Tuesday, May 28, 2013

The Human Prejudice: Part 2

Read Part 1

One of the threads throughout Williams' lecture reflects the deep moral skepticism he was known for. The exact nature of Williams' skepticism is open to debate, though I am quite sympathetic to Parfit's view that it, under inspection, dissolves into nihilism. That is, Williams' attempts to make sense of normative claims and avoids any appeal to true objective facts is futile. Either normative claims are meaningful and true or they're not. Any attempts to water them down into statements about natural facts strips them of any significant meaning.

In the talk, Williams urges us to remember that there is no "cosmic perspective" from which human beings might be thought of as important or unimportant. There is only the human perspective, from which it is obviously important that we are important. So when humans decide to privilege other humans in our moral assessments, and downgrade the value of non-human animals, this is not a judgment of cosmic significance, just of significance to us. Given that we're humans, it's no surprise that we would value humans far above other animals.

There's a clear push to a relativist view here, which is not surprising given Williams' other views. One useful response, as always, is the argument from marginal cases. Like others who have tried this line against the animal rights position, Williams' view leaves wide open the path to obviously vile implications.

But aside from those usual criticisms,  it's useful to realize what Williams' view implies for other moral positions that are less controversial than animal rights. For example, he has no defense against someone who wanted to defend the view race-based prejudices could be justified from our human perspective. Perhaps the devaluation of a single race would not make sense from this perspective, but one could easily justify a prejudice in favor of members of any given individual's own racial group. As Williams says about the human prejudice, one could just say that a preference for one's own race is "hardly surprising."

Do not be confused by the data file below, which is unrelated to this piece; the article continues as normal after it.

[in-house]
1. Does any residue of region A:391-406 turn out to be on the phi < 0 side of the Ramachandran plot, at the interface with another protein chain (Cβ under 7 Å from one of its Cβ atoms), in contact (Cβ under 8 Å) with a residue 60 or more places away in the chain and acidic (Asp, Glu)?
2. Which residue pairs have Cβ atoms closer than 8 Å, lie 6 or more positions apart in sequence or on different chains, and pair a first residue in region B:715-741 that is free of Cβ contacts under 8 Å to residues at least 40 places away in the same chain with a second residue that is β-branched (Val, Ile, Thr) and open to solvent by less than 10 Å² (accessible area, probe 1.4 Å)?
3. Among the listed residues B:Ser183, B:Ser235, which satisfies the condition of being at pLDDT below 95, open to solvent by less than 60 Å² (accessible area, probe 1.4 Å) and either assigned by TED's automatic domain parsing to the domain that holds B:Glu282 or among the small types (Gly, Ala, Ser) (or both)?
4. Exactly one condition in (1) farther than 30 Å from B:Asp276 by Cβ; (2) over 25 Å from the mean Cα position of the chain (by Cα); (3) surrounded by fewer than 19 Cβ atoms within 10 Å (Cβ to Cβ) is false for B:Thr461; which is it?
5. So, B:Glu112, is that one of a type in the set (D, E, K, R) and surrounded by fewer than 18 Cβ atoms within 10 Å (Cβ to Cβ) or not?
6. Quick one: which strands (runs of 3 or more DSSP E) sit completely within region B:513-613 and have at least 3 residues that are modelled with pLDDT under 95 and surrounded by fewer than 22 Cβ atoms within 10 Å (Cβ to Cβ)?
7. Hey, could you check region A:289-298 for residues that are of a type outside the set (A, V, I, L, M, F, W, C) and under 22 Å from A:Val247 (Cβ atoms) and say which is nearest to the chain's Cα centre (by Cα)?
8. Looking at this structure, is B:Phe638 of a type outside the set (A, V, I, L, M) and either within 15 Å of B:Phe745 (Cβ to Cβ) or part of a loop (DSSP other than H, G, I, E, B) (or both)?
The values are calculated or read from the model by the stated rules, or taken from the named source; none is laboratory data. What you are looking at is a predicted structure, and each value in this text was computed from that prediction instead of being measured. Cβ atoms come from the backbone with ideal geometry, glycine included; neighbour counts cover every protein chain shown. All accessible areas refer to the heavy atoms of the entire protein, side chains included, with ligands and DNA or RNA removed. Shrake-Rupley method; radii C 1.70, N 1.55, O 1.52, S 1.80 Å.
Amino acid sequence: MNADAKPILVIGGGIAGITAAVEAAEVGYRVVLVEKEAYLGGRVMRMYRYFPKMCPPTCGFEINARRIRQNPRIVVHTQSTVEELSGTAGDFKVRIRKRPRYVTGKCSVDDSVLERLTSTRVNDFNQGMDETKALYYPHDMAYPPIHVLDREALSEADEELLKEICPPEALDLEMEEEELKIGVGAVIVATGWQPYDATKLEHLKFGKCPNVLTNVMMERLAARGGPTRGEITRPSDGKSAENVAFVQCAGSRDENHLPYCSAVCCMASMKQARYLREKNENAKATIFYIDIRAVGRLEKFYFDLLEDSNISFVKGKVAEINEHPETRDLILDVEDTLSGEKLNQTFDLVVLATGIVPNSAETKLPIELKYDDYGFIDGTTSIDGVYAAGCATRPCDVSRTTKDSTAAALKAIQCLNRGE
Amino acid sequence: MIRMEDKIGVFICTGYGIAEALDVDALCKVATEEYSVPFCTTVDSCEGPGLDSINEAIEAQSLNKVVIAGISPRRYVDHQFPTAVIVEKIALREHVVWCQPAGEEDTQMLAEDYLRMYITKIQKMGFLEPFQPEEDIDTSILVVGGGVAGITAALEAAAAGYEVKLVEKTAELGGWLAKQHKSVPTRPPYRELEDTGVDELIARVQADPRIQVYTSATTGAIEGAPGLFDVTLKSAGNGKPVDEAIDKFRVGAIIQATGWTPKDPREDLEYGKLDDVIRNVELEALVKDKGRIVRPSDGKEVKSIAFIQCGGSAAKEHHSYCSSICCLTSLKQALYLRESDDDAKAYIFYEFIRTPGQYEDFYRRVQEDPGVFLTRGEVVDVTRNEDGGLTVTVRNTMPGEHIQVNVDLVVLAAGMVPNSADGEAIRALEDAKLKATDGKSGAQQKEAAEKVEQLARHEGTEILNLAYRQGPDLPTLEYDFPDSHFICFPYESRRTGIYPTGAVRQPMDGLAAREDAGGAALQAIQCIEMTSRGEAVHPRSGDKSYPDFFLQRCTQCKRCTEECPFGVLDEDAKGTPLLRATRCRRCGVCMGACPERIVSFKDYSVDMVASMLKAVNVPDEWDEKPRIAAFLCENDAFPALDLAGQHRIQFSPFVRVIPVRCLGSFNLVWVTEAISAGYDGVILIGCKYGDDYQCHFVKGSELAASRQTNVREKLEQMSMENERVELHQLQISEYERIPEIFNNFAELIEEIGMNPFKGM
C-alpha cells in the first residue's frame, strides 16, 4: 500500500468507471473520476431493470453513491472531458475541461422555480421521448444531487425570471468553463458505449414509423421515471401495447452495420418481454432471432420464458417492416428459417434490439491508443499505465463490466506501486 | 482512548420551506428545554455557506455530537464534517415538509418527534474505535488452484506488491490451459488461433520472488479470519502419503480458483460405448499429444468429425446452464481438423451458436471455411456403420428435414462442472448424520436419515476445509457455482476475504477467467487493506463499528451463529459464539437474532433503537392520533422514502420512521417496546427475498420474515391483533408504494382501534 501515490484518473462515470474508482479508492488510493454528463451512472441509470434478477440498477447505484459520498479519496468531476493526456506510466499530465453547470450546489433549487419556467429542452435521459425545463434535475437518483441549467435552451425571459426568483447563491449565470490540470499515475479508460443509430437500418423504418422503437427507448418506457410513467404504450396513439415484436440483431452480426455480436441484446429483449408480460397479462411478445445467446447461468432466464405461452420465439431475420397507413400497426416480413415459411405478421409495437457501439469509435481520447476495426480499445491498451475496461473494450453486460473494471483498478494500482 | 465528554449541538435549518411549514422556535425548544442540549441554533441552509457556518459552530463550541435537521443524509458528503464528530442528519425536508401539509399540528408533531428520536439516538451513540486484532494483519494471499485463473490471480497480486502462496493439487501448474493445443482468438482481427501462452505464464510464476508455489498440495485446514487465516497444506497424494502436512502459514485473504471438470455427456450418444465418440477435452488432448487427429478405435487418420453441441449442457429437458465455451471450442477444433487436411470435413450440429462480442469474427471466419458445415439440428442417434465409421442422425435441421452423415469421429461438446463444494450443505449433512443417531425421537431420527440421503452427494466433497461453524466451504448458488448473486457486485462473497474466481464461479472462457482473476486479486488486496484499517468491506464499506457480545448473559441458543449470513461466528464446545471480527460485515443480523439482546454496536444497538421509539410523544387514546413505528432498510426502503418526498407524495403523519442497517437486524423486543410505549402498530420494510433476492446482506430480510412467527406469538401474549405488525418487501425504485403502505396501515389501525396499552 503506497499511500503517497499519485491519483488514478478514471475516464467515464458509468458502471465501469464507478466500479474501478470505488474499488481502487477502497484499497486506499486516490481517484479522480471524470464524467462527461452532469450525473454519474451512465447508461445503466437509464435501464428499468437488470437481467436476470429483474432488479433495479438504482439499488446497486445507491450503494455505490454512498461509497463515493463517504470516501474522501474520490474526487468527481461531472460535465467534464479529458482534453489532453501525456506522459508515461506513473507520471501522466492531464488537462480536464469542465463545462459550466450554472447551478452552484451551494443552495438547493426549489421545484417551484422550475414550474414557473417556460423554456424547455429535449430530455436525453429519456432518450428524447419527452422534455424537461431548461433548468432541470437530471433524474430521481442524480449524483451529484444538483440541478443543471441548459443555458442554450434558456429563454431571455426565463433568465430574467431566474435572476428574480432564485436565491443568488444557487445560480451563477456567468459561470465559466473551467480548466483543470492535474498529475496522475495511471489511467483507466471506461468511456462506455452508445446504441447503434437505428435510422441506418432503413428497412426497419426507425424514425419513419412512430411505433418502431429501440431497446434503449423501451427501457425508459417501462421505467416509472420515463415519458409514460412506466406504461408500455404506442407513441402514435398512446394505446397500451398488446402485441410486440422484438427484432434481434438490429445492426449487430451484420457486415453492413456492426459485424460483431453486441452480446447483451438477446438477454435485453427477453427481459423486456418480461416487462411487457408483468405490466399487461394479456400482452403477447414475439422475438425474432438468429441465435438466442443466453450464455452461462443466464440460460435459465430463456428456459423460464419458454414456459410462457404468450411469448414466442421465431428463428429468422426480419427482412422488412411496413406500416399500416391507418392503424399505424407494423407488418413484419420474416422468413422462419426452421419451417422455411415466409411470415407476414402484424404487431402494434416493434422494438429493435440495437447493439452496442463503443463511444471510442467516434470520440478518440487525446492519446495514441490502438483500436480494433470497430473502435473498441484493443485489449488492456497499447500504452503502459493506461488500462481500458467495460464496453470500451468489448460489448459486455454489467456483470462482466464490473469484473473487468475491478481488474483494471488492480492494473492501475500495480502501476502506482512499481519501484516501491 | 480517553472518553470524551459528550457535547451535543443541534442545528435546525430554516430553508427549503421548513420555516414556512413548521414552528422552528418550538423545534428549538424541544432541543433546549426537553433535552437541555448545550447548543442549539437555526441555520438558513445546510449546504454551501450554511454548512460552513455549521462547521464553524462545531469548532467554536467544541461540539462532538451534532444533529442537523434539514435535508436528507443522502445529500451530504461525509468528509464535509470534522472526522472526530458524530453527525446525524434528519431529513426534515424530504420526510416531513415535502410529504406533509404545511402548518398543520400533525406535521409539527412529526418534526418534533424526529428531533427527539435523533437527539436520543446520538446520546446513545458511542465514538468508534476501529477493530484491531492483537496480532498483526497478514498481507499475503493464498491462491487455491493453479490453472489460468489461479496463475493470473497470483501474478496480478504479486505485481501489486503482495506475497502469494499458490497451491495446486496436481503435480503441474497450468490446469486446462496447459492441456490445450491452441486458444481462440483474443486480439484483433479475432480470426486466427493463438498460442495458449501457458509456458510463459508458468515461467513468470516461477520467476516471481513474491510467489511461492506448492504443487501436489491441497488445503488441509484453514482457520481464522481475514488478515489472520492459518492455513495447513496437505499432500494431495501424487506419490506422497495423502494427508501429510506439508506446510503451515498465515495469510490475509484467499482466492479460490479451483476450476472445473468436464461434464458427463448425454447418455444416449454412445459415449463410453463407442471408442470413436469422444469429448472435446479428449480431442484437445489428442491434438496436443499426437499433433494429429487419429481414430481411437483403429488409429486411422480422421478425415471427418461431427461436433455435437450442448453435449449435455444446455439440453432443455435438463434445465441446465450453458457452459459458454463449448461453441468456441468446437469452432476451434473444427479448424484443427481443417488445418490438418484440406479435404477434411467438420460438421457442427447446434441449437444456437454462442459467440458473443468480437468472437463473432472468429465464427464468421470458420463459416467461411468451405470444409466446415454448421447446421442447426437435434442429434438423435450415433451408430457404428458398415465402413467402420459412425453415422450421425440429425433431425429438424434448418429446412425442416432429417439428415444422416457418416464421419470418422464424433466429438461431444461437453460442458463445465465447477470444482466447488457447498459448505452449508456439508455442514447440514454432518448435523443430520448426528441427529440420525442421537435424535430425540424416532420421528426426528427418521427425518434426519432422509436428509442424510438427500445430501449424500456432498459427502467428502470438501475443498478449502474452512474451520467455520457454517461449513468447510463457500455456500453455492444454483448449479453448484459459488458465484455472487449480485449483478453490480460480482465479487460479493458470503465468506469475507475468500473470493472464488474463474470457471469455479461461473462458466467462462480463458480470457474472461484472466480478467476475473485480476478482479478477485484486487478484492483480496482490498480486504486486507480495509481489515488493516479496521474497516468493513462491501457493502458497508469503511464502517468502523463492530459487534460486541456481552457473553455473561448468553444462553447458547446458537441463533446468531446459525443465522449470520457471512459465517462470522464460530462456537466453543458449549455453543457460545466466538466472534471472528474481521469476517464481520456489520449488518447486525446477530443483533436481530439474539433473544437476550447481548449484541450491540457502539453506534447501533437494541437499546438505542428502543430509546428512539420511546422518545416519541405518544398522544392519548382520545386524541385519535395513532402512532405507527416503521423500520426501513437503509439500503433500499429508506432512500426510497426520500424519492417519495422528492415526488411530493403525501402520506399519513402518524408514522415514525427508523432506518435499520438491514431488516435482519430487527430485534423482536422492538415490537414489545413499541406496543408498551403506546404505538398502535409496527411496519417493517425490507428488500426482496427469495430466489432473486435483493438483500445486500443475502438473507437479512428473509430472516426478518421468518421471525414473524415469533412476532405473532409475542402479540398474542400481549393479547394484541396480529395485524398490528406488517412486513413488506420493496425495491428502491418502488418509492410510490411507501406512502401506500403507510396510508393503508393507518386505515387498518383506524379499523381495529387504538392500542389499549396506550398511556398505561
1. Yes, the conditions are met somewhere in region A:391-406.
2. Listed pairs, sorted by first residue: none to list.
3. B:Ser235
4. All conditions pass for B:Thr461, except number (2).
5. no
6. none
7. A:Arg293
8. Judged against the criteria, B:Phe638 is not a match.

Yet the question should not be, "Is it surprising?" (lots of horrible things are unsurprising) but, "Is it justified?" Williams thinks this cannot really have an answer, because we just have our own limited perspective, and there is no cosmic perspective. However, our moral perspective is precisely the point from which we naturally universalize. That's why a moral preference for one's own race, though perhaps unsurprising, is seen as deeply perverse. We don't think racial criterion can, in fact, justify differences in moral regard. Under sufficiently critical reflection, we should not see our race as playing a role in our moral status, and likewise, the moral status of others.

On the whole, Williams' view is consistent, I believe. His meta-ethical views do, in fact, entail  that a truly committed racist has no reason not to  be racist. Williams therefore could coherently claim that he had no reason to refrain from using non-human animals as means. So many who might want to join Williams in his conclusion of rejecting animal rights must beware that they do so a great cost. He is able to embrace speciesism because he's not convinced he truly needs to justify any of his ethical beliefs

Friday, May 17, 2013

Is Moral Philosophy Trivial?

Philosophers are known for disagreeing with each other a lot, sometimes in a way that gives people the impression that the whole pursuit is fruitless. Of course, the view that philosophy contains some irreconcilable disagreements is itself a philosophical position. Even if you don't like philosophy, you aren't able to avoid taking philosophical stances.

One reason people think philosophy is a trivial enterprise is that it is perceived that all philosophers do is argue about the meaning of words. And many famous disagreements are of just this sort! Scanlon and Parfit argue about the correct definition of the word "rational," and Judith Jarvis Thomson has argued vehemently that there is no subjective sense of the word "ought." Some race theorists argue that, properly understood, minority racial groups cannot truly be "racist."